Though poverty is the most significant cause of child labor, other factors greatly contribute as well. Cultural values may also drive children in to employment. Children in Filipino farm agricultural households are expected to participate in farm production. Parents also affirmed that teaching children hoe to work is important and they introduce “Work – related task as if it work play activities” (Torres 1995: 3). This scenario is likely triggered by the traditional Filipino values of close families ties andkinship by which each family member is expected to contribute to help keep the family moving and survive. These persuasions make easier for children to accept work as part their routine.
It is also a question of social attitudes. The fact that many children work because there is a little else they can do is an educator of ill social attitudes. Schools are unavailable, in adequate or expensive; the education, which is provide is a related to the world of work. The structural adjustments program, which many third world countries have under taken, has also unfortunately ment as serious cut back in investment in the social sector.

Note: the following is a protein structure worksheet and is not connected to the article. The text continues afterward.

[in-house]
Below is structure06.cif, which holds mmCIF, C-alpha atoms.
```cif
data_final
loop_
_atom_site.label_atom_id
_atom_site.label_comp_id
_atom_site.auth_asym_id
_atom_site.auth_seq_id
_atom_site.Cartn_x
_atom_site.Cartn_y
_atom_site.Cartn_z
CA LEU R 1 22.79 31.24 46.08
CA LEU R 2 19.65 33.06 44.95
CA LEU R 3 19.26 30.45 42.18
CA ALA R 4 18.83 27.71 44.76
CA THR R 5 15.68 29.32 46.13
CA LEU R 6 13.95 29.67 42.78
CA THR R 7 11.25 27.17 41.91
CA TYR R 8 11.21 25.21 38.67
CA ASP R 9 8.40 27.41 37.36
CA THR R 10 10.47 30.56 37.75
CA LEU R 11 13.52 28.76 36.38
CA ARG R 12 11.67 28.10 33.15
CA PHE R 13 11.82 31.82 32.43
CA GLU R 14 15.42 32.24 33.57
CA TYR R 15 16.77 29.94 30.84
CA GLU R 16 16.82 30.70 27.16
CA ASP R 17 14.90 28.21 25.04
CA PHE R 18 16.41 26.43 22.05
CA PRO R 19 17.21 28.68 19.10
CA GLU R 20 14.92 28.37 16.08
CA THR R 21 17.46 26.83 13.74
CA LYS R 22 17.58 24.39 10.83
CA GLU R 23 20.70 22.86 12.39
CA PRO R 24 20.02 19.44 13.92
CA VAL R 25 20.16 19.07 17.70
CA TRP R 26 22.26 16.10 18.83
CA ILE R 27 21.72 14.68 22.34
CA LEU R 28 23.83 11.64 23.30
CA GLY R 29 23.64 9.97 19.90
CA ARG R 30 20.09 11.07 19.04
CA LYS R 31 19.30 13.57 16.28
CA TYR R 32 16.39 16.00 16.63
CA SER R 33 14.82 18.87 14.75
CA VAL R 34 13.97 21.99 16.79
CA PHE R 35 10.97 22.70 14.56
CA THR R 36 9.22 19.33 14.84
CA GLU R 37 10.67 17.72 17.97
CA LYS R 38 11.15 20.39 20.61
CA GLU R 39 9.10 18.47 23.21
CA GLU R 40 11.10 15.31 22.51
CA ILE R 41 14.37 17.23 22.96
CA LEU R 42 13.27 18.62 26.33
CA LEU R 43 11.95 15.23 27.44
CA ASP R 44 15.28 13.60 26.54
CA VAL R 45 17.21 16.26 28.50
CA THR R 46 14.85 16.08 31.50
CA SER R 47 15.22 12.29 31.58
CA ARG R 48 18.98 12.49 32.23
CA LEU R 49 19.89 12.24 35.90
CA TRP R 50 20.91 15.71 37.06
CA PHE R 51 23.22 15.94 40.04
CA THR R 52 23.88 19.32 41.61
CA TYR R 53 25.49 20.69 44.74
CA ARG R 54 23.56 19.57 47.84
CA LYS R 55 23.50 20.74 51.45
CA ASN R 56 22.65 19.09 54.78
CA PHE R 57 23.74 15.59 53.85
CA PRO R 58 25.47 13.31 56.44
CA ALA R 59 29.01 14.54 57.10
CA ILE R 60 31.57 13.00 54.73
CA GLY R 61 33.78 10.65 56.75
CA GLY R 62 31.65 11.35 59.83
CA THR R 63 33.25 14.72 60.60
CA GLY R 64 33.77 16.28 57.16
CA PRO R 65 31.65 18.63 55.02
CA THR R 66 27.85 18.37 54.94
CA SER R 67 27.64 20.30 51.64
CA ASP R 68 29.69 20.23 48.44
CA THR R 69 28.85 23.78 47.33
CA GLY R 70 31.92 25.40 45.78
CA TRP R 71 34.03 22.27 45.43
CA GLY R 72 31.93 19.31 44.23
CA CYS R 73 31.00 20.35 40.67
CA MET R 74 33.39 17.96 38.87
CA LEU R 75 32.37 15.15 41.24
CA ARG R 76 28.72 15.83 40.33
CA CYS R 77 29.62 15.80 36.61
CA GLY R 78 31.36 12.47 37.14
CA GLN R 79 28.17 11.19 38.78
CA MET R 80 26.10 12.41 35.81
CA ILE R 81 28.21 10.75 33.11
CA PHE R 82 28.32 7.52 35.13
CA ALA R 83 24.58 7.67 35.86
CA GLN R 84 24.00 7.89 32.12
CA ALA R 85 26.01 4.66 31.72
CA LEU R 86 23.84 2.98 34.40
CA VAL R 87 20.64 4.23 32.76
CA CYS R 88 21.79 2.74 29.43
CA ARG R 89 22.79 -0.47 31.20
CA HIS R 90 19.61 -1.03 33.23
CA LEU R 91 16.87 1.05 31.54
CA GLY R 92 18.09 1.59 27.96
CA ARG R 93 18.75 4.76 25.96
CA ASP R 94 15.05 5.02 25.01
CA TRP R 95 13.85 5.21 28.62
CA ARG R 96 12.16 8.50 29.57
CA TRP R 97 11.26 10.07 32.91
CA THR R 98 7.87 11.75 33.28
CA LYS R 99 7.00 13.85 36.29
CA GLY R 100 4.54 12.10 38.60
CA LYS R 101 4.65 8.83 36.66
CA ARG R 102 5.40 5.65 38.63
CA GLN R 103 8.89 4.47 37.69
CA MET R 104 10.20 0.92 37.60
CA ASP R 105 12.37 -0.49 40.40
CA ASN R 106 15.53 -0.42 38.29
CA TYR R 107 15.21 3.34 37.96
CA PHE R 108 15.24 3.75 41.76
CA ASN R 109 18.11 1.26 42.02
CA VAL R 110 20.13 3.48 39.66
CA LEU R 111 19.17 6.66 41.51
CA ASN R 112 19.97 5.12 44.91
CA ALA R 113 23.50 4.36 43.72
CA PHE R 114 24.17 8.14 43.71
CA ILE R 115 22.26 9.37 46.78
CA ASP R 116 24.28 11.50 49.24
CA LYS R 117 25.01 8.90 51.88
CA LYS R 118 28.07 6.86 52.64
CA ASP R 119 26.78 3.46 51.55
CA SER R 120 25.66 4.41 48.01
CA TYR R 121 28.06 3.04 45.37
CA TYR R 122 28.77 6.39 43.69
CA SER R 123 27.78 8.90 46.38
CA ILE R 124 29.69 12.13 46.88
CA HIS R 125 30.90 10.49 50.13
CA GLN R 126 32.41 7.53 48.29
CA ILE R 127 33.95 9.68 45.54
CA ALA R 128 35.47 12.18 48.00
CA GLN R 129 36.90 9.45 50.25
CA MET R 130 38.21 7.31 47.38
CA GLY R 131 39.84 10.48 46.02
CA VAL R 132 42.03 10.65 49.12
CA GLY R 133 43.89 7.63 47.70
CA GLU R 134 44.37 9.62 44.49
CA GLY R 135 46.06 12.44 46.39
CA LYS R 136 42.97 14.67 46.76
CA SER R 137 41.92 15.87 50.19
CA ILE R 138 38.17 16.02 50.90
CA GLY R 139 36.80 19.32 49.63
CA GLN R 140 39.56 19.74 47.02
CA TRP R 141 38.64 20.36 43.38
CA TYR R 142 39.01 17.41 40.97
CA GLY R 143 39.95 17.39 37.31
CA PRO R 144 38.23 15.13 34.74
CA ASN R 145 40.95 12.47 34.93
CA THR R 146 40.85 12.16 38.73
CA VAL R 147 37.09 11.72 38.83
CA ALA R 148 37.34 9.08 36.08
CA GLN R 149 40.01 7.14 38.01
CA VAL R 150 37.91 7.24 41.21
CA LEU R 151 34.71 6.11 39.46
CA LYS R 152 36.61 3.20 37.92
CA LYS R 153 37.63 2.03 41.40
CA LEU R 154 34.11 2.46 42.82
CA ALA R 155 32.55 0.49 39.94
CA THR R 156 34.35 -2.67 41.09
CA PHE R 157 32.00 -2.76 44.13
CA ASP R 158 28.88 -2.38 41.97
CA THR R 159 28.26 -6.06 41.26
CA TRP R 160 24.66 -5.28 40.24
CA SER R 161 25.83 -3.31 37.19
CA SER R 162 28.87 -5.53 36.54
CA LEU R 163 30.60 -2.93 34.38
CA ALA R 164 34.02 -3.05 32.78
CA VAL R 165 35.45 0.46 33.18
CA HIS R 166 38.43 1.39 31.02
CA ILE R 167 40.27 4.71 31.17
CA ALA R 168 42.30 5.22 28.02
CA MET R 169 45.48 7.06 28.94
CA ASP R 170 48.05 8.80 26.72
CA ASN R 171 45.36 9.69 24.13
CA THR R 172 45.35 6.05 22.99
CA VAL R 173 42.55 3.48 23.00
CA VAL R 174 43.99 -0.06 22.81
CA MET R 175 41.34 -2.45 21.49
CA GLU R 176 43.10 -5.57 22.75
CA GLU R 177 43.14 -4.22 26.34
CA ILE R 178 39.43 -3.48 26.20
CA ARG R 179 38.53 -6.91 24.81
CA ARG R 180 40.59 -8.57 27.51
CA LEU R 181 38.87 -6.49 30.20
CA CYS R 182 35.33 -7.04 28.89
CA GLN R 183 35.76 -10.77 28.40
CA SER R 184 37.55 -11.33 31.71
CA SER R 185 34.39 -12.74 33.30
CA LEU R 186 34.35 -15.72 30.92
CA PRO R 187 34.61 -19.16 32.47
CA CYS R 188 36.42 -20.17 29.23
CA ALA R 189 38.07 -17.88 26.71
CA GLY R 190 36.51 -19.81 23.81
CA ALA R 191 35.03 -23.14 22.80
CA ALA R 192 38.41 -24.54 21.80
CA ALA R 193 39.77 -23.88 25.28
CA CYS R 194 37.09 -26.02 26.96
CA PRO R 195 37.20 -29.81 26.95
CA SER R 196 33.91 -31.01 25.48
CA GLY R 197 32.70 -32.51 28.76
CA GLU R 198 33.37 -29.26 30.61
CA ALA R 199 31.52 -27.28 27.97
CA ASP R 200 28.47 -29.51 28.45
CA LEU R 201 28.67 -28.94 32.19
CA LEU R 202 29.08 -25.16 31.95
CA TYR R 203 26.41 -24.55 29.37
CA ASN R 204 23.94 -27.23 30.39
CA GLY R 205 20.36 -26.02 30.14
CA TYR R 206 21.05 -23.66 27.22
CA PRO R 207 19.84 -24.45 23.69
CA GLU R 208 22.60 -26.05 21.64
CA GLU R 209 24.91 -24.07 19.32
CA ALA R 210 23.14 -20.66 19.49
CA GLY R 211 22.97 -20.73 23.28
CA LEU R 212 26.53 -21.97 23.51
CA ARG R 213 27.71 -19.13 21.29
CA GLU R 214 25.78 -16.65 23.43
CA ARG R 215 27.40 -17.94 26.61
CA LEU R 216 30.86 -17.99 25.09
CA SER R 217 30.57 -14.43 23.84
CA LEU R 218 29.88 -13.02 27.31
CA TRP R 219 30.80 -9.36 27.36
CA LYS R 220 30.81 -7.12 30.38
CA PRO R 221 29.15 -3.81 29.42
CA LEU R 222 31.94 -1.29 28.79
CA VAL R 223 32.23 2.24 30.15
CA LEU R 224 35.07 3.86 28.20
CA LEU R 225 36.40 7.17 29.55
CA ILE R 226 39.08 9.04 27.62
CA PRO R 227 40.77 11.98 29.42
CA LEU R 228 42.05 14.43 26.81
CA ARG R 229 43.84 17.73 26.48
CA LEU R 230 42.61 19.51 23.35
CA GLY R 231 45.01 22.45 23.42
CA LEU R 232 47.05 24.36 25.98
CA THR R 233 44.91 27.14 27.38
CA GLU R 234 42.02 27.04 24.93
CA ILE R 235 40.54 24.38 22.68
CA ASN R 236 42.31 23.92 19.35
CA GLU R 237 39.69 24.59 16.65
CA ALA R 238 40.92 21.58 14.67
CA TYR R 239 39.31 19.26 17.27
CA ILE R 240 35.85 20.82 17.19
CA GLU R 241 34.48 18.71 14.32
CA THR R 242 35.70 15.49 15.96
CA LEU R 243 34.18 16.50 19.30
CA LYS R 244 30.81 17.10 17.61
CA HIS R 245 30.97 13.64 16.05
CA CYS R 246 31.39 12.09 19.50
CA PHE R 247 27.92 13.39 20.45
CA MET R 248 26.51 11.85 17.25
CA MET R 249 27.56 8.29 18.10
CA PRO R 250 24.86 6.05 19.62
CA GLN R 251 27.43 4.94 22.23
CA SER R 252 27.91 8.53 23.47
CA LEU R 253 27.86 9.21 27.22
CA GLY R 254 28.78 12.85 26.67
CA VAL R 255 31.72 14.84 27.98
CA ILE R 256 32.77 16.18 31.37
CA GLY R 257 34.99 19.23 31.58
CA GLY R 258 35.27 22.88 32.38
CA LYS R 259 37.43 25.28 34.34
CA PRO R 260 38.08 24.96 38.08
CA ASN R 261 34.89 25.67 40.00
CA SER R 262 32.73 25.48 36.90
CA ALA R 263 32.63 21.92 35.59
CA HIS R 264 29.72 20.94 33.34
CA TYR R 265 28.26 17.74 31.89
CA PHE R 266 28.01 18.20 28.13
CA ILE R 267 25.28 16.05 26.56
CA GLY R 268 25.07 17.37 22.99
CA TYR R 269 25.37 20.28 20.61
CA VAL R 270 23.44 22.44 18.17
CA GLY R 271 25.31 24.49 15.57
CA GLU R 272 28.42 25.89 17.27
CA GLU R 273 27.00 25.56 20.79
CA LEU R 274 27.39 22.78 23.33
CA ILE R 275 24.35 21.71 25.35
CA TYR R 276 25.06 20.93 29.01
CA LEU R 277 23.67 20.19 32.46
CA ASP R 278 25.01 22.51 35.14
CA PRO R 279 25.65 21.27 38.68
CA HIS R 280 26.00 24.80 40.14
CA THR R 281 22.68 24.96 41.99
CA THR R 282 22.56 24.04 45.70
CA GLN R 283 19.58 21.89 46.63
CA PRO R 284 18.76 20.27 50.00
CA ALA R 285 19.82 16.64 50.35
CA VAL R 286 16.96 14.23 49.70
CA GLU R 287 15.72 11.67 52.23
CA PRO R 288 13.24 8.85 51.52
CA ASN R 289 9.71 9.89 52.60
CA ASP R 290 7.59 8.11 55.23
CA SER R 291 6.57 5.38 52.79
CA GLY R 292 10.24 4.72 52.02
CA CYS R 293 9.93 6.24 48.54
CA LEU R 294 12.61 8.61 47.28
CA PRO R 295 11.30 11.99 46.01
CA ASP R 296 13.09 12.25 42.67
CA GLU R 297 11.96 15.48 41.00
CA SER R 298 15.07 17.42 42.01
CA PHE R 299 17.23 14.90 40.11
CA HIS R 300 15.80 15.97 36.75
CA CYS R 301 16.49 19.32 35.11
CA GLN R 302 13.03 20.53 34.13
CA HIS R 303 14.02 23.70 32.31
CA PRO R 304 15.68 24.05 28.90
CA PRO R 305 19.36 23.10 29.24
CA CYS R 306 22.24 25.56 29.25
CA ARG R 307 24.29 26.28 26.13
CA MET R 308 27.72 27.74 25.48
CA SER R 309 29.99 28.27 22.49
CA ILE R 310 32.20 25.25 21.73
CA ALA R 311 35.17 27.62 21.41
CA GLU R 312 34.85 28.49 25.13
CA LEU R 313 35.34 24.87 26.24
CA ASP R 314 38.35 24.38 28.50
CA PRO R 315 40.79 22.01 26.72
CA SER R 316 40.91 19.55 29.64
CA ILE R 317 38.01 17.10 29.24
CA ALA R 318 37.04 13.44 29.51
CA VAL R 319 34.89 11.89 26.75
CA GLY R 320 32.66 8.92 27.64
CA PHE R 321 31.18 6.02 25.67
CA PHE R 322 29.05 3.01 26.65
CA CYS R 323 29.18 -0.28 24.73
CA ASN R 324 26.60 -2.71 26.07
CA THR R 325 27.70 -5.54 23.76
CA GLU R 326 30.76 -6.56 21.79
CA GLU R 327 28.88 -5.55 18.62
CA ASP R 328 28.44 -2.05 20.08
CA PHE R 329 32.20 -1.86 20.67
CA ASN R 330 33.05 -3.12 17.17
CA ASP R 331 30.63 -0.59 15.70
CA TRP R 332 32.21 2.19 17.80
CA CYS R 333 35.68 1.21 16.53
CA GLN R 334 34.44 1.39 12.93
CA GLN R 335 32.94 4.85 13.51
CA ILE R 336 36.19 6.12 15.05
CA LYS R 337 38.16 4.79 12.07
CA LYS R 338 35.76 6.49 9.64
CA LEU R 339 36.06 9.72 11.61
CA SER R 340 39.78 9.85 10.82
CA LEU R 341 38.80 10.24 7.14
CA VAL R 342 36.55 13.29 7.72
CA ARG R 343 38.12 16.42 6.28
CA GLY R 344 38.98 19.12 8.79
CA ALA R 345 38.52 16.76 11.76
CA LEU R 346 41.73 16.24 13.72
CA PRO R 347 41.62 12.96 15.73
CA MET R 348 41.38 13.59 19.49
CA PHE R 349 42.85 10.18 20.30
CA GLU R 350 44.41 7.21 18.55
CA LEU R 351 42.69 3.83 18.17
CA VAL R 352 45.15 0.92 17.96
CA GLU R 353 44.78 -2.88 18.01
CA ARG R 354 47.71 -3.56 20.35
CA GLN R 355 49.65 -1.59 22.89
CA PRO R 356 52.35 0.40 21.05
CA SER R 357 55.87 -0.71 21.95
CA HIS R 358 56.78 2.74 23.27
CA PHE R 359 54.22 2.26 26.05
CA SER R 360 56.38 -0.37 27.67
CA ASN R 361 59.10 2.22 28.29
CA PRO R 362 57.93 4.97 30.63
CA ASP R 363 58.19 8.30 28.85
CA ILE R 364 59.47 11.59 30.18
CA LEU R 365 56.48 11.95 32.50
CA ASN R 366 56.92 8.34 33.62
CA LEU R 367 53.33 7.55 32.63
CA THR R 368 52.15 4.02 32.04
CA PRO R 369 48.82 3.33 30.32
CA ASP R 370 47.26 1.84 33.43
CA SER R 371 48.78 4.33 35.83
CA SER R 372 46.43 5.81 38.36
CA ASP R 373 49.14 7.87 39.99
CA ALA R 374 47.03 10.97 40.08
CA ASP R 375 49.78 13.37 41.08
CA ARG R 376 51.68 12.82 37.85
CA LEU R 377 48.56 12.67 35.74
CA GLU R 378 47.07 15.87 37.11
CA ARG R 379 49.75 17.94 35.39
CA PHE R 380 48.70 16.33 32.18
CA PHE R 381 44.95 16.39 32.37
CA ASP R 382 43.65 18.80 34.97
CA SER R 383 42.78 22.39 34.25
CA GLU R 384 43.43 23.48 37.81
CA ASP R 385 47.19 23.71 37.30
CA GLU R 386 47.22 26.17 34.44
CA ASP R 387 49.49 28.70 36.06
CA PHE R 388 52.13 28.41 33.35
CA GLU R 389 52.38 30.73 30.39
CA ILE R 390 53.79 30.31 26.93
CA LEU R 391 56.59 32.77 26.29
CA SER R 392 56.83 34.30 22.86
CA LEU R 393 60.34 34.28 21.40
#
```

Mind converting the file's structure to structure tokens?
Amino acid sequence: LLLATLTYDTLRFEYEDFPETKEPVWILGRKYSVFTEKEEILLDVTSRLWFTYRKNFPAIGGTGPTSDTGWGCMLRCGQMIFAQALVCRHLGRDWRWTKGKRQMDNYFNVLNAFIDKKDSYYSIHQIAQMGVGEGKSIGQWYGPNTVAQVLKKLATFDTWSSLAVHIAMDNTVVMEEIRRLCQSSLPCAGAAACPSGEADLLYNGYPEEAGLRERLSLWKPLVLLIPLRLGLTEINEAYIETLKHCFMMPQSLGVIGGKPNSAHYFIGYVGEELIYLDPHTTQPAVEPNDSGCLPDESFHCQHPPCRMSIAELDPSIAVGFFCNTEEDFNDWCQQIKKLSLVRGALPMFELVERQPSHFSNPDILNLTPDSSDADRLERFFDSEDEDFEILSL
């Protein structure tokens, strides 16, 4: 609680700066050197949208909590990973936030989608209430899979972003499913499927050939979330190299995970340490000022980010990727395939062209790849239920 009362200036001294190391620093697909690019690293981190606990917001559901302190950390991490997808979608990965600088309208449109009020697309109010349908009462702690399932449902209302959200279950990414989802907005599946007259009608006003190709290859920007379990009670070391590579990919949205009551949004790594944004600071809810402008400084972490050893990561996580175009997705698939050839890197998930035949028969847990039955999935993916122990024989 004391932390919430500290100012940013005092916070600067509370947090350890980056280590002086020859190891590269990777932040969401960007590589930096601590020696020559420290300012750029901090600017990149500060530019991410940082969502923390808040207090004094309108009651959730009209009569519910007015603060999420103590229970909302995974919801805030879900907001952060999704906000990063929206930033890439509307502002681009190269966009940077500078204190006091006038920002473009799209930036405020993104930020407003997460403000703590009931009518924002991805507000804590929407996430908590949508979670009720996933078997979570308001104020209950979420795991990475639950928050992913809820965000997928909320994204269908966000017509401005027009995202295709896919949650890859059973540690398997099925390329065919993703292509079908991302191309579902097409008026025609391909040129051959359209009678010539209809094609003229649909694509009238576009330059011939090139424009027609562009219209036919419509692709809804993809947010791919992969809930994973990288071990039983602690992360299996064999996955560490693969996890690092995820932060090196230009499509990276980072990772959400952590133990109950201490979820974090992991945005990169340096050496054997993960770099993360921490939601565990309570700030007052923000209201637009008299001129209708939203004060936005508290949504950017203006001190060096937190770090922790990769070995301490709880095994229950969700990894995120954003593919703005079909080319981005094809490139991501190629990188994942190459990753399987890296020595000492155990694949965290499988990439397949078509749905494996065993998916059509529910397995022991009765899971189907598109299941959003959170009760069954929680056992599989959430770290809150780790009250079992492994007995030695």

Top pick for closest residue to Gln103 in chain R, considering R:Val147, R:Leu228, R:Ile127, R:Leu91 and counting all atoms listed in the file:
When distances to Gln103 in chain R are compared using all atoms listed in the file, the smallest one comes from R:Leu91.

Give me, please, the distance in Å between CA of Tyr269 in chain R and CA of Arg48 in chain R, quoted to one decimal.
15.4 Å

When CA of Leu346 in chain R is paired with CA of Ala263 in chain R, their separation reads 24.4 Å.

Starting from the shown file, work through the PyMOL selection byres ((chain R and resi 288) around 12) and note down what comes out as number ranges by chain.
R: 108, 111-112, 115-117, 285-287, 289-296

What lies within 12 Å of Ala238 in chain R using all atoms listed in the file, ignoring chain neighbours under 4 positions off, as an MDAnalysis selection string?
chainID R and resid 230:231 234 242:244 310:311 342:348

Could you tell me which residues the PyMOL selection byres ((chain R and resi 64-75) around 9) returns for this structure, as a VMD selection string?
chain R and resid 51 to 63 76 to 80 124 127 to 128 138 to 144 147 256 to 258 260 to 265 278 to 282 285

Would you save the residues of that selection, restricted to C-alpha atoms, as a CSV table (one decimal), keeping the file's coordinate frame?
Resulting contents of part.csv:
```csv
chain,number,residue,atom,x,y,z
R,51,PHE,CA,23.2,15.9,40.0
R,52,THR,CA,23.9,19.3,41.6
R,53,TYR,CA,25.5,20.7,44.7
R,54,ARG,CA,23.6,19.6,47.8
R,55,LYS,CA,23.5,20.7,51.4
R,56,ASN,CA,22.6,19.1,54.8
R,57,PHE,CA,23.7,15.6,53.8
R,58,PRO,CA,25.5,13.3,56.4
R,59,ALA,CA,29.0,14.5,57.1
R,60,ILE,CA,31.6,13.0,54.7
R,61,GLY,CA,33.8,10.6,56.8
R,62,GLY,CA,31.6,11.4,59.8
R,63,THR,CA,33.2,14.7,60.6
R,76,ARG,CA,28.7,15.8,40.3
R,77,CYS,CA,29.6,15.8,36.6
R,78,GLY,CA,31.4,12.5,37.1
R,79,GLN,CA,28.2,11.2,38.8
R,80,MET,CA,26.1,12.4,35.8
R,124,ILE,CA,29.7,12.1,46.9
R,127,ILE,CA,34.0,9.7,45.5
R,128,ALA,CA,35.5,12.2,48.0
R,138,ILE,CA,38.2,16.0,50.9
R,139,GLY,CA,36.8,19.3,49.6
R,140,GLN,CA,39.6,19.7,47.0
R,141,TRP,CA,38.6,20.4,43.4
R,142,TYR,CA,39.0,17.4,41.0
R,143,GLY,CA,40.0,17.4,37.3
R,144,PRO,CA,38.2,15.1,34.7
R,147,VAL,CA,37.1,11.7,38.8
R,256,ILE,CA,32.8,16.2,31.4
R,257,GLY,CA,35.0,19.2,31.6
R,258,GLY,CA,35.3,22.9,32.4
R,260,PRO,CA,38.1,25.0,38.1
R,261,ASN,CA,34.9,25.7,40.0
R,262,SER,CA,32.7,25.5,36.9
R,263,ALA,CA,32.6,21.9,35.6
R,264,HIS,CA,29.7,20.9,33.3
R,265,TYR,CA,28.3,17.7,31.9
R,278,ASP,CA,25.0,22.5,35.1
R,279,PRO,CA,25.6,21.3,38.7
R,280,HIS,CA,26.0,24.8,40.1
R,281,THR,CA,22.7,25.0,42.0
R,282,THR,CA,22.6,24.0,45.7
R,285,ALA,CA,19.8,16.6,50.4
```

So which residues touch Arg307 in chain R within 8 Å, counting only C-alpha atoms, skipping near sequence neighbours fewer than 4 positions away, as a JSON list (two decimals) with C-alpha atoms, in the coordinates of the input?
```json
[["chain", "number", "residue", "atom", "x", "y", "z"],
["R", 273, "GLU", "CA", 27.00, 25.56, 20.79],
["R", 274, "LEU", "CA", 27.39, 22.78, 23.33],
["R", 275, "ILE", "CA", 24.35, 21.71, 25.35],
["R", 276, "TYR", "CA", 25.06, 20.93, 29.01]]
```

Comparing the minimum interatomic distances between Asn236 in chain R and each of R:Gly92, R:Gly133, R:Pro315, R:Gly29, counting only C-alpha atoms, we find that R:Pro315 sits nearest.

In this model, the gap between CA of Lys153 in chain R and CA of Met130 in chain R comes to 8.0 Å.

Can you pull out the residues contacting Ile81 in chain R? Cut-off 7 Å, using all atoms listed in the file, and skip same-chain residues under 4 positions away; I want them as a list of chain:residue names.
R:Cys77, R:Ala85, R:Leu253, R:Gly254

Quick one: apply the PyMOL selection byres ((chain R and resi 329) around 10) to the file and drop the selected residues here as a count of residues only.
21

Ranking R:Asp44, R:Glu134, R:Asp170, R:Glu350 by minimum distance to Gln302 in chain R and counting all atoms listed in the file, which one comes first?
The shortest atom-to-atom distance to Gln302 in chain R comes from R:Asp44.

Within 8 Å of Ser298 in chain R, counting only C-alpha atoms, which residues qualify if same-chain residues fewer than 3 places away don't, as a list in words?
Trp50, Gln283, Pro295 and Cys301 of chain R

Political condition also interacts with economic factors that make child labor possible. Counter-insurgency campaigns have lead to dislocation of families, and the lost of parents forcing children to work for their own survival. Undoubtedly, many Filipino children are victims of this grim political manipulation.
On the demand side, research show that many children hired because they are more easily exploited than adults are. Employers prefer children because they are docile, In capable of collective bargaining and willing to work to support their family or simply to survive. To have child labor means lower cost because children never complain with very low wages (Weissman 1997: 18).
All these, including other minor factors, play a productive part in rapid increase of child labor cases in the country.
D.What is the risk faced by working children?
Working children inevitably faced intolerance risk. Of millions of children who are working many toil in “Slave-like” (ILO 1993:54) or Hazardous conditions. There are all too many children in the work force that faced physical risk and hazard to their physical, social, intellectual and psychological development. Survey results revealed that many Filipino working children have suffered from work –related injuries such and othervarious risks are affected by this condition: